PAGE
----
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Mark Cartwright
published on 12 June 2012
Available in other languages: French, Persian, Spanish, Turkish
Greek Double Aulos (by Mark Cartwright, CC BY-NC-SA)
Greek Double Aulos
Mark Cartwright (CC BY-NC-SA)

The Aulos was a musical wind instrument played by the ancient Greeks. It was also known as the kalamos or libykos lotos, which referred to the material from which part of the instrument was made: respectively, the reed and the Libyan lotus plant. Perhaps the most commonly played instrument in Greek music, the aulos was played in festivals, processions of births and deaths, athletic games - for the athletes to keep their exercises in rhythm, social occasions, and performances of tragedy in the Greek theatre. It was associated with the god Dionysos and often played at private drinking parties.


The sound produced by an aulete (player) was rhythmical & penetrating & he often accompanied a male chorus.

Made from cane, boxwood, bone, ivory, or occasionally metals such as bronze and copper, the circular pipe (bombyke) was fitted with one, two or three bulbous mouthpieces which gave the instrument a different pitch. The pipe itself could be composed of up to five closely interlocking sections. Sound was produced by blowing and vibrating the single or double reed (glottides) within the mouthpiece. Seven holes (tremata) were cut down the length of the pipe with sometimes an additional hole to produce another octave of notes. Tonality could be adjusted through the turning of bronze rings between the mouthpiece and the pipe. Frequently, two auloi were fitted together (diaulos) at the mouthpiece to produce a richer sound or double melody. The sound produced by an aulete (player) was rhythmical and penetrating, and he often accompanied a male chorus.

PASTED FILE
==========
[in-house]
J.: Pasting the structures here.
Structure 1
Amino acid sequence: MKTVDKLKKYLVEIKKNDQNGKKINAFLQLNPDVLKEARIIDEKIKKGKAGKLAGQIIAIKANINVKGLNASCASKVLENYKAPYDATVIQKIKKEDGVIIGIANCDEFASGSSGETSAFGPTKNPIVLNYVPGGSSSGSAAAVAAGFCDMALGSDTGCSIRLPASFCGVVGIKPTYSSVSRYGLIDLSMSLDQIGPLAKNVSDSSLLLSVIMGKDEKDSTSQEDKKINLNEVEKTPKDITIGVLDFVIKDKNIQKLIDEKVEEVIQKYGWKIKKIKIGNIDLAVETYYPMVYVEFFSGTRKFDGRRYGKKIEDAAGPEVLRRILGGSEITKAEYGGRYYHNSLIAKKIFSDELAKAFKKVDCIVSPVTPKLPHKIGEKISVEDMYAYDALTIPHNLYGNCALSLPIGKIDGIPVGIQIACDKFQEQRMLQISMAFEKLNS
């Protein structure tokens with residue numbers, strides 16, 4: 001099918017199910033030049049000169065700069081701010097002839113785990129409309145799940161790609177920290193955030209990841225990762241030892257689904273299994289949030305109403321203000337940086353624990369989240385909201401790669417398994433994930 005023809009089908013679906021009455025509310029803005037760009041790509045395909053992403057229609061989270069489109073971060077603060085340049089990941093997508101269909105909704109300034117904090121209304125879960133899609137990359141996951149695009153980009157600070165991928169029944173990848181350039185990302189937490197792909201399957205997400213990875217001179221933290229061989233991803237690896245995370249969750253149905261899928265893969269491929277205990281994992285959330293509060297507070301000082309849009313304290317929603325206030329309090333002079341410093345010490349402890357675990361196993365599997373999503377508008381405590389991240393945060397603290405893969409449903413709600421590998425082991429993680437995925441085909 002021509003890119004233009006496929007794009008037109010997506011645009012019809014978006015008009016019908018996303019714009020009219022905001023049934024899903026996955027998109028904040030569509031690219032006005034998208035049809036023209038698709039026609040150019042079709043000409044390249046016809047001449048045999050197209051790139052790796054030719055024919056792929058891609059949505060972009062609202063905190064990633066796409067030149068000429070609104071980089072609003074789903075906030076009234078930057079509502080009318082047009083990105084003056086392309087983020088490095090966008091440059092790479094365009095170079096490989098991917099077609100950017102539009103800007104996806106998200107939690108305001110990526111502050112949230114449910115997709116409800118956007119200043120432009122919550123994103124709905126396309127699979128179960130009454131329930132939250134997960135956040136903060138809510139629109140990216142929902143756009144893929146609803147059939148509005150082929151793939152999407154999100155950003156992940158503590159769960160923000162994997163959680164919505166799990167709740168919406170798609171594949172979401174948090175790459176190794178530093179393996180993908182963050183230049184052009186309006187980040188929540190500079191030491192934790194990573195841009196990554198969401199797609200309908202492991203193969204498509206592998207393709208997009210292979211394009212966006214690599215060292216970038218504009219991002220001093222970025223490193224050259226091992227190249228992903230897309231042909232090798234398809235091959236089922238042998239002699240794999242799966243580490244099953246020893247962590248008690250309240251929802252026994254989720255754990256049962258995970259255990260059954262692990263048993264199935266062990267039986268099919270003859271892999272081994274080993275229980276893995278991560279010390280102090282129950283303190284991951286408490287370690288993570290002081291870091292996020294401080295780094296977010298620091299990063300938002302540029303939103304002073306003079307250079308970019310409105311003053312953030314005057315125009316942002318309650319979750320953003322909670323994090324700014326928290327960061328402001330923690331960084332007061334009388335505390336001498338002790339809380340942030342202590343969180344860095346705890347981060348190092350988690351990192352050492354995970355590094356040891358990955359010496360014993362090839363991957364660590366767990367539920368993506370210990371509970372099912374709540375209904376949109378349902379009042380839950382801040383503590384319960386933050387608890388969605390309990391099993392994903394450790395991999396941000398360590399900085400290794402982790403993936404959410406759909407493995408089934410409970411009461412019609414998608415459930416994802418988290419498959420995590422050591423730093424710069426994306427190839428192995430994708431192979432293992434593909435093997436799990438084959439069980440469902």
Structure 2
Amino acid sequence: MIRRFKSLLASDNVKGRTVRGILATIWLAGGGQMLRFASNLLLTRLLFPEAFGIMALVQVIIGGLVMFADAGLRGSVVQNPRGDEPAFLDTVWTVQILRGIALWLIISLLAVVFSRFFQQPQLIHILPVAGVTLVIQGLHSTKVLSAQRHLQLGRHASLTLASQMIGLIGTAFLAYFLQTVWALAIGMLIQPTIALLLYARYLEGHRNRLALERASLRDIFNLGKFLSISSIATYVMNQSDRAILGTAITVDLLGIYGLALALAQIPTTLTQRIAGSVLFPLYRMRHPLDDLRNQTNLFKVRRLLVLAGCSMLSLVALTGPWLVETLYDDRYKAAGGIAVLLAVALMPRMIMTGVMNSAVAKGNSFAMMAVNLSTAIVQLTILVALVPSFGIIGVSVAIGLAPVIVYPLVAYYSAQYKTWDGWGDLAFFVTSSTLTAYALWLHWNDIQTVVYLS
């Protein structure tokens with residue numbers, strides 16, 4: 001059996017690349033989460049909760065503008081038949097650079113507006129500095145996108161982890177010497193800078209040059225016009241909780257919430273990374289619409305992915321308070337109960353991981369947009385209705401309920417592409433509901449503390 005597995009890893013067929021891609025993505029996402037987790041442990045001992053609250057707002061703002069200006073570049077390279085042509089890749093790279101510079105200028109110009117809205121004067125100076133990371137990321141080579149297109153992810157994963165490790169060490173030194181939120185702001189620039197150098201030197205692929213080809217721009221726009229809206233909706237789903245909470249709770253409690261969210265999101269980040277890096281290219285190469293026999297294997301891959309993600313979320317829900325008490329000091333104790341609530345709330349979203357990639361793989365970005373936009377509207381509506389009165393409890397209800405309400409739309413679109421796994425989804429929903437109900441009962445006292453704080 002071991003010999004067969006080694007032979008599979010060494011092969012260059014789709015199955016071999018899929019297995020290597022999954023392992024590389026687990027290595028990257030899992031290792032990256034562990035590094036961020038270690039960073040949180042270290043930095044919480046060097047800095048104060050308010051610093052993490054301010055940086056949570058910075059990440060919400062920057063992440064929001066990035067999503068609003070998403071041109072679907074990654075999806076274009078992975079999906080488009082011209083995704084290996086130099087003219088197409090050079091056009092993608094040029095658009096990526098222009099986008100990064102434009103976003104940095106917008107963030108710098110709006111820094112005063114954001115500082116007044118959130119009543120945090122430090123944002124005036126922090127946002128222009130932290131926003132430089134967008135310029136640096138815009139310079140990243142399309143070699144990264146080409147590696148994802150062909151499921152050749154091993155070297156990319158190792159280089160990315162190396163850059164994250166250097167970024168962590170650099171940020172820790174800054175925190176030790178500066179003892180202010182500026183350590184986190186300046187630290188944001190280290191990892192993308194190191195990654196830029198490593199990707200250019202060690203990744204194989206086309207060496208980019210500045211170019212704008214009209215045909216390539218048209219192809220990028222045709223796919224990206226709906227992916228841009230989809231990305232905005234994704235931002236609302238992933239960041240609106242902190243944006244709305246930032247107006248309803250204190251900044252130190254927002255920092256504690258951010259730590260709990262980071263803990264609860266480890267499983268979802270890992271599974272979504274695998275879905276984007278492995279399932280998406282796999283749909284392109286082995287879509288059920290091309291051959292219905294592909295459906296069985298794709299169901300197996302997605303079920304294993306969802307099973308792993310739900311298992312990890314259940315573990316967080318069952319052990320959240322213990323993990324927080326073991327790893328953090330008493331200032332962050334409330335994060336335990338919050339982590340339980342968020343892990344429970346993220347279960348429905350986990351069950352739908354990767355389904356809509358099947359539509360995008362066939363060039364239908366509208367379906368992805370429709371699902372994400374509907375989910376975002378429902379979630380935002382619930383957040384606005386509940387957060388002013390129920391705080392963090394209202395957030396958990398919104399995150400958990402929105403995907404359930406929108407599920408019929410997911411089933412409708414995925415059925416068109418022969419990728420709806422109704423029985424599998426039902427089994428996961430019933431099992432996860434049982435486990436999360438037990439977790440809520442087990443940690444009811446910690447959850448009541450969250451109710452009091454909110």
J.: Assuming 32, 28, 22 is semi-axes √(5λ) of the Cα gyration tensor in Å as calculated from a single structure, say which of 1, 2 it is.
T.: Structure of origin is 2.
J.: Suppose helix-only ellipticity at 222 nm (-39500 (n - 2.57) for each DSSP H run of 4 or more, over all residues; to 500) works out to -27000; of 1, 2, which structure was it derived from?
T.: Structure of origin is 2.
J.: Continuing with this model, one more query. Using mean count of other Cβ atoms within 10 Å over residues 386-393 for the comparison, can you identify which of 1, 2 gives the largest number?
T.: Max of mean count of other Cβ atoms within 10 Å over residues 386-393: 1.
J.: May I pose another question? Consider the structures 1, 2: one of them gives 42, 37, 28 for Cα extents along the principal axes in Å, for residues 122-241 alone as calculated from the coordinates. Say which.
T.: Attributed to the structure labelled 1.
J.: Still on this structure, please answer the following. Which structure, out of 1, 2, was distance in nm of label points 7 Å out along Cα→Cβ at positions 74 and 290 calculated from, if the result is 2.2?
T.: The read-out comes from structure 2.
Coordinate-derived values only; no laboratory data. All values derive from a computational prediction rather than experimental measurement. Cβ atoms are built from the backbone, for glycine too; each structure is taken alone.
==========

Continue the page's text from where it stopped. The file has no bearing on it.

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Aulos players from Thebes (c. 400 BCE) are credited with inventing rings and keys (pronomos) made from silver and bronze which could open or close various holes on the instrument, functioning much like keys on modern wind instruments such as the clarinet.

Aulos Player
Aulos Player
James Lloyd (Copyright, fair use)

Surviving Examples

The earliest surviving examples of auloi have been found at Koilada, Thessaly and date from the Neolithic period (c. 5000 BCE). These instruments are carved from bone and have five holes, irregularly placed down their length. A complete double aulos in bone with tonal bronze rings survives from 4th century BCE Thessaloniki and many fragmentary pieces have been excavated on Delos where there is also evidence of a workshop. The earliest representations in art come from small marble statues from Keros in the Cycladic islands (2700-2300 BCE). Aulos players, both male and female, are commonly depicted on Attic red- and black-figure vases from the 7th century BCE and include depictions of Hercules and Satyrs playing the instrument. Decorated pottery also, on occasion, depicts the leather strap (phorbeia) which held the instrument in position over the mouth and even the instrument case (sybene) over the shoulder of the player.

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About the Author

Mark Cartwright
Mark is a full-time writer, researcher, historian, and editor. Special interests include art, architecture, and discovering the ideas that all civilizations share. He holds an MA in Political Philosophy and is the WHE Publishing Director.


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Cite This Work

APA Style

Cartwright, M. (2012, June 12). Aulos. World History Encyclopedia. Retrieved from

Chicago Style

Cartwright, Mark. "Aulos." World History Encyclopedia. Last modified June 12, 2012.

MLA Style

Cartwright, Mark. "Aulos." World History Encyclopedia. World History Encyclopedia, 12 Jun 2012. Web. 21 Jul 2024.